Summary: It appears inevitable that New York will see the exploitation of natural gas by hydraulic fracturing of shale. The NY DEC has a draft Generic Environmental Impact Statement and draft regulations out for public comment. Despite their thoroughness, the DEC drafts ignore recommendations stemming from the analysis of other industrial accidents, including last year’s BP Gulf of Mexico oil spill.
The opinions expressed here are those of the author alone and not of the Board of Directors of the Hudson River Environmental Society.
It appears inevitable that New York will see the exploitation of natural gas by hydraulic fracturing of shales.
The American Petroleum Institute says:
“In five years, if fracturing were eliminated . . . the country would experience by 2014, a 17% reduction in oil production and a 45% reduction in natural gas production. Due to the country's increasing reliance on unconventional resources, where over 95% of wells are routinely treated using fracturing, the impact on production would be permanent and severe.” [IHS Global Insight 2009]
The U.S. Energy Information Administration says:
“Shale gas production in the United States grew at an average annual rate of 17 percent between 2000 and 2006. Early success in shale gas production was achieved primarily in the Barnett Shale in Texas. By 2006, the success in the Barnett shale, coupled with high natural gas prices and technological improvements, turned the industry focus to other shale plays. The combination of horizontal drilling and hydraulic fracturing technologies has made it possible to produce shale gas economically, leading to an average annual growth rate of 48 percent over the 2006-2010 period”.[US EIA (a) 2011]
The Shale Gas Subcommittee of the Secretary of Energy Advisory Board writes:
“Natural gas is a cornerstone of the U.S. economy, providing a quarter of the country’s total energy. Owing to breakthroughs in technology, production from shale formations has gone from a negligible amount just a few years ago to being almost 30 percent of total U.S. natural gas production. This has brought lower prices, domestic jobs, and the prospect of enhanced national security due to the potential of substantial production growth. But the growth has also brought questions about whether both current and future production can be done in an environmentally sound fashion that meets the needs of public trust.”[SEAB 2011]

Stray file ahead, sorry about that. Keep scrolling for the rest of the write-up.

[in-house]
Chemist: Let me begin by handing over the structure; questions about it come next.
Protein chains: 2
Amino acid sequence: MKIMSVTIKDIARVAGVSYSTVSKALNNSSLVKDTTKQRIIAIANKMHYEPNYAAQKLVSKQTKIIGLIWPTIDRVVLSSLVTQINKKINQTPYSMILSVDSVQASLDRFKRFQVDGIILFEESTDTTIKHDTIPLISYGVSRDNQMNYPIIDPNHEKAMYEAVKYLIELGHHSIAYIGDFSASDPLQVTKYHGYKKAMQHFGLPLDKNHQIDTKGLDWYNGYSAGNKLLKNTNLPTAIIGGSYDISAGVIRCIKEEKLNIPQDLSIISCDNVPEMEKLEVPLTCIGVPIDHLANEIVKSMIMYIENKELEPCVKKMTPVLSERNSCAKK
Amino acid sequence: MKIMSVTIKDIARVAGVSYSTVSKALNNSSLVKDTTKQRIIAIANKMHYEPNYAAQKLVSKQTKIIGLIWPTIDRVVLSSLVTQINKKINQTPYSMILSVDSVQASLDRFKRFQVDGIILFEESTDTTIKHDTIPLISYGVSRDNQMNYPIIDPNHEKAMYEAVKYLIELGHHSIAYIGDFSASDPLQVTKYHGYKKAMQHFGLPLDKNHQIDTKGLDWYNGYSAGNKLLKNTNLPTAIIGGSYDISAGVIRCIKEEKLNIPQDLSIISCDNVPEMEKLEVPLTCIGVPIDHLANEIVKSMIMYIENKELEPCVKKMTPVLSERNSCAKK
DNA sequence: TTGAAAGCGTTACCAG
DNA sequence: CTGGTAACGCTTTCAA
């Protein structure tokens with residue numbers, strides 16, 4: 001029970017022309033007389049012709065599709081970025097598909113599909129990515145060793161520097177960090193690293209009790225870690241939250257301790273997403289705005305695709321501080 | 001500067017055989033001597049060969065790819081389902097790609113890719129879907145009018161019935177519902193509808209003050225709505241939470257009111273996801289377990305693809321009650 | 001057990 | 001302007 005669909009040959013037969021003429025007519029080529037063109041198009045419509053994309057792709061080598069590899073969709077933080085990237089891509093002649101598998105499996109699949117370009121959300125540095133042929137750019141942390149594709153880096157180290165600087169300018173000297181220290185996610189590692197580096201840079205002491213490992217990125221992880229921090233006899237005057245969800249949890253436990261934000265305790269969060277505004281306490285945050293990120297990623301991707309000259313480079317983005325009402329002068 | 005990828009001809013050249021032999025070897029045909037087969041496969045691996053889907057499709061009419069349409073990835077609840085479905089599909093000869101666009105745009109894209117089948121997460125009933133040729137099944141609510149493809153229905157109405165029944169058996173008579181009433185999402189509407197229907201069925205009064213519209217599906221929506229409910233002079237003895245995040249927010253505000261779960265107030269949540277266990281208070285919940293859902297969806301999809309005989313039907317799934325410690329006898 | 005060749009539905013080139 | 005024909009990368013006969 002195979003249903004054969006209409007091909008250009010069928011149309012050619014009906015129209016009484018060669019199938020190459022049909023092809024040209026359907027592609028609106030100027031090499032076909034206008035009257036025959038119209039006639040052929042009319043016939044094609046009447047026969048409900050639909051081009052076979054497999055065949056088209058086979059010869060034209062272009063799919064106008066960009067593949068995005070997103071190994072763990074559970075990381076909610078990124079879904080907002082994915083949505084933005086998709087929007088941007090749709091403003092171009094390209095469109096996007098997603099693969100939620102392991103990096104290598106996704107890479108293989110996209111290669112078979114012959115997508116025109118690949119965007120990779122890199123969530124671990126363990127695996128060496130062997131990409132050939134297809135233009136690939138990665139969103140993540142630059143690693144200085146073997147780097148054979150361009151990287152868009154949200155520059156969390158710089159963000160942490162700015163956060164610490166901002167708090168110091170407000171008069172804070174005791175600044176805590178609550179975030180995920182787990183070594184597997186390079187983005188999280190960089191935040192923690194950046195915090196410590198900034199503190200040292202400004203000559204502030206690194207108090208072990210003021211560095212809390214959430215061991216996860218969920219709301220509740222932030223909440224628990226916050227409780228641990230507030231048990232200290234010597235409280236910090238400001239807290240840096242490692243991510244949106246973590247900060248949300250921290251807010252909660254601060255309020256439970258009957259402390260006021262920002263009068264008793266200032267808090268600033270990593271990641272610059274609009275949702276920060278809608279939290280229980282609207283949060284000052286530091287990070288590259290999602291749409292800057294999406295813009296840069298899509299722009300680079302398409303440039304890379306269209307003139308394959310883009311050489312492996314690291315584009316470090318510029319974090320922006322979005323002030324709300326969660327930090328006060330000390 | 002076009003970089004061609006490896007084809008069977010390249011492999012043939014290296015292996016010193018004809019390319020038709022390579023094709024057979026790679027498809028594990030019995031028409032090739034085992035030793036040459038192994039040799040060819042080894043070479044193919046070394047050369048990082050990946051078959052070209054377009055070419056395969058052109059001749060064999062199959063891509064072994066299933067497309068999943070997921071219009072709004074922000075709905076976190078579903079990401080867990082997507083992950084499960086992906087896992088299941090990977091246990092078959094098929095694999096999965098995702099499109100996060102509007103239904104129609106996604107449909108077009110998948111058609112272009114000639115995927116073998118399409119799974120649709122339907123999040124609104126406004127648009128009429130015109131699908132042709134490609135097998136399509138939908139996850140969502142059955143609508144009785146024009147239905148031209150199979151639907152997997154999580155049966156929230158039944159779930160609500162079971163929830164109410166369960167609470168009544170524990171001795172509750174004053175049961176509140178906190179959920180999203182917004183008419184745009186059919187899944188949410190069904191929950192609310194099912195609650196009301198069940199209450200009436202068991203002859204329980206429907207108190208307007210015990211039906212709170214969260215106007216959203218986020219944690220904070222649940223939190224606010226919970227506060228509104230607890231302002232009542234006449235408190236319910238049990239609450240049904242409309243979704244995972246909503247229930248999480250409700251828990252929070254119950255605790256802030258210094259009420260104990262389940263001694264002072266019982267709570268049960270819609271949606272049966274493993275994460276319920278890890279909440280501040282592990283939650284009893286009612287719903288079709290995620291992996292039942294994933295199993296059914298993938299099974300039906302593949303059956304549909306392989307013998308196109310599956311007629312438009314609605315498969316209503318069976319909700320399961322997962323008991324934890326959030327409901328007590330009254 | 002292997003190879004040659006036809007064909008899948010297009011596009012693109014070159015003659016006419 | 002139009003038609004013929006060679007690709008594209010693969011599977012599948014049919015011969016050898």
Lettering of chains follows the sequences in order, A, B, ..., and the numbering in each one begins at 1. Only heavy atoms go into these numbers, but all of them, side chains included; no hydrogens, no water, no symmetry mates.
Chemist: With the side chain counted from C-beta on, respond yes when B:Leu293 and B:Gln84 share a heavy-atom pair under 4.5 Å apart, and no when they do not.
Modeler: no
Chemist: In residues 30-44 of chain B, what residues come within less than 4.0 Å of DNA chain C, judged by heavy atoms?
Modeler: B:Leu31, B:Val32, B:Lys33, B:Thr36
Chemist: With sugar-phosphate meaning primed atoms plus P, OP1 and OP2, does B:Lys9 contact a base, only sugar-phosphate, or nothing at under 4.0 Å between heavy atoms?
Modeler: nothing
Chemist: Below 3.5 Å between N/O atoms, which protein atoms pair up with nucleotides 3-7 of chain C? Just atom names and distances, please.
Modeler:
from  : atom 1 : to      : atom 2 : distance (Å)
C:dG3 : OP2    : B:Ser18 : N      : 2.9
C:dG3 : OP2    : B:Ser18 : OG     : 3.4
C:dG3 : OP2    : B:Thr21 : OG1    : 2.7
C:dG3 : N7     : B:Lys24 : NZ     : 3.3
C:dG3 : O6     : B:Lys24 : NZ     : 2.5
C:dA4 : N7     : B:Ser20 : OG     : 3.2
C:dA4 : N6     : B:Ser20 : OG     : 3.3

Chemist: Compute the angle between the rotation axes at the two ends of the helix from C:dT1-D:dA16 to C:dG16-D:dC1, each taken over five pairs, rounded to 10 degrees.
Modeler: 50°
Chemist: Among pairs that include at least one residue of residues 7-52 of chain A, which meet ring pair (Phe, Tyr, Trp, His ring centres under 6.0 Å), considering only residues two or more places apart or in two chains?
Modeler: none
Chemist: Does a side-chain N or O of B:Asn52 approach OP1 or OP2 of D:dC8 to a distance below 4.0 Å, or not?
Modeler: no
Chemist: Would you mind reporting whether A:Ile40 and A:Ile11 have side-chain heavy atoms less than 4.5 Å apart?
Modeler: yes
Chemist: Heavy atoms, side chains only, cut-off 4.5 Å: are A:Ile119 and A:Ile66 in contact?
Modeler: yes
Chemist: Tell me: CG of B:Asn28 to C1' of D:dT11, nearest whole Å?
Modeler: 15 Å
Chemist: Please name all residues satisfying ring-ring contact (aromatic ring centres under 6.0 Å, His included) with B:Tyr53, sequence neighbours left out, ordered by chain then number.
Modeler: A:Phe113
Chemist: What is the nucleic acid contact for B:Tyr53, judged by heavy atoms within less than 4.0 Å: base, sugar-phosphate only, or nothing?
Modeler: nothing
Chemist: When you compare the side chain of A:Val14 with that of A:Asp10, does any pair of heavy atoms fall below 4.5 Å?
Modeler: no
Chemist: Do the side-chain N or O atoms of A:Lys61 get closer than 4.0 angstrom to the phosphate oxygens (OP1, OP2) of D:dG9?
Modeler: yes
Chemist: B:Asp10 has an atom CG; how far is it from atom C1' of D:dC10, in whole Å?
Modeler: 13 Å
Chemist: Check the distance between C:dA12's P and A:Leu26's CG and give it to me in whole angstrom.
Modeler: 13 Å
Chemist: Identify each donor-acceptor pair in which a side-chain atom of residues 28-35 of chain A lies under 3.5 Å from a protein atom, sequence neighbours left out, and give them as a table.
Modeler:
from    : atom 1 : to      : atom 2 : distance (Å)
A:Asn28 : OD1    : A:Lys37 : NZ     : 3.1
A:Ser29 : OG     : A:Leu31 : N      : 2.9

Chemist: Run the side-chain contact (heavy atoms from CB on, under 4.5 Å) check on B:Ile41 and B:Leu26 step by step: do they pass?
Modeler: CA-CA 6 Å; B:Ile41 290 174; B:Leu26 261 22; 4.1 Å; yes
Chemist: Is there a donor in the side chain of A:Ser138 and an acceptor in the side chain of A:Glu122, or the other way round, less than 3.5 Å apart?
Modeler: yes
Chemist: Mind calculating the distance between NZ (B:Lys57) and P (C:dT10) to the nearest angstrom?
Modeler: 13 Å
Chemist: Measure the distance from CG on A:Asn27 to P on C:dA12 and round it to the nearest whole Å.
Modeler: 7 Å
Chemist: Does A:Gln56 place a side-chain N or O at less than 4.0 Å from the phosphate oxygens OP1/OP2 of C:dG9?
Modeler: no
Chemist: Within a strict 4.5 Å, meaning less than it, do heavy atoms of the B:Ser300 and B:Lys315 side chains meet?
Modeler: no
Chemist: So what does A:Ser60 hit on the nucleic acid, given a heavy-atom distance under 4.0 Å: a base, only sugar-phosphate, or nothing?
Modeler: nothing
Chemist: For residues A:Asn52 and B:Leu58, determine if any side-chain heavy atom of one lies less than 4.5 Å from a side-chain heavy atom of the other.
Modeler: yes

Shale gas production has been much on the mind of New Yorkers as they contemplate competing assertions from industry and environmentalists. The wide variety of information available includes the detailed New York State Draft Generic Environmental Impact Statement (Draft GEIS).[NYSDEC (a) 2011] A broader perspective on managing risk suggests a few approaches ignored by DEC.
Power generation consumes about 32% of US natural gas. Siting for natural gas power plants proceeds faster than for coal plants. Natural gas turbine power generation can quickly meet surges in electricity demand. Electricity generated on-site using natural gas may increase as a way to reduce transmission losses. Natural gas heats 66 percent of new homes.[NaturalGas.org 2011] The residential and commercial sectors consume 38% of gas usage. Forecasts have industrial applications (30% of gas consumption) for high temperature processes, glass making for example, decreasing. Agricultural fertilizer production tops the farm energy budget. Corn, soya beans, meat, and soft drinks rely on natural gas through its use in supplying hydrogen for anhydrous ammonia. Natural gas, cheaper per BTU than diesel fuel, has a limited appeal for heavy duty truck fuel but few refueling sites, higher vehicle costs, and gas’ low energy content limits natural gas in transportation to only 0.15% of US consumption.[US EIA 2010]
Owing to a variety of factors, natural gas prices became highly erratic after the 1990s However, with the development of the Barnett shale in Texas, gas prices fell and stabilized.[US EIA (b) 2011]
Natural gas wellhead prices in constant dollars. [US EIA (b) 2011]
Hydraulic fracturing operation, horizontal Marcellus well, Upshur County, WV Source: Chesapeake Energy, 2008. Taken from the Draft GEIS.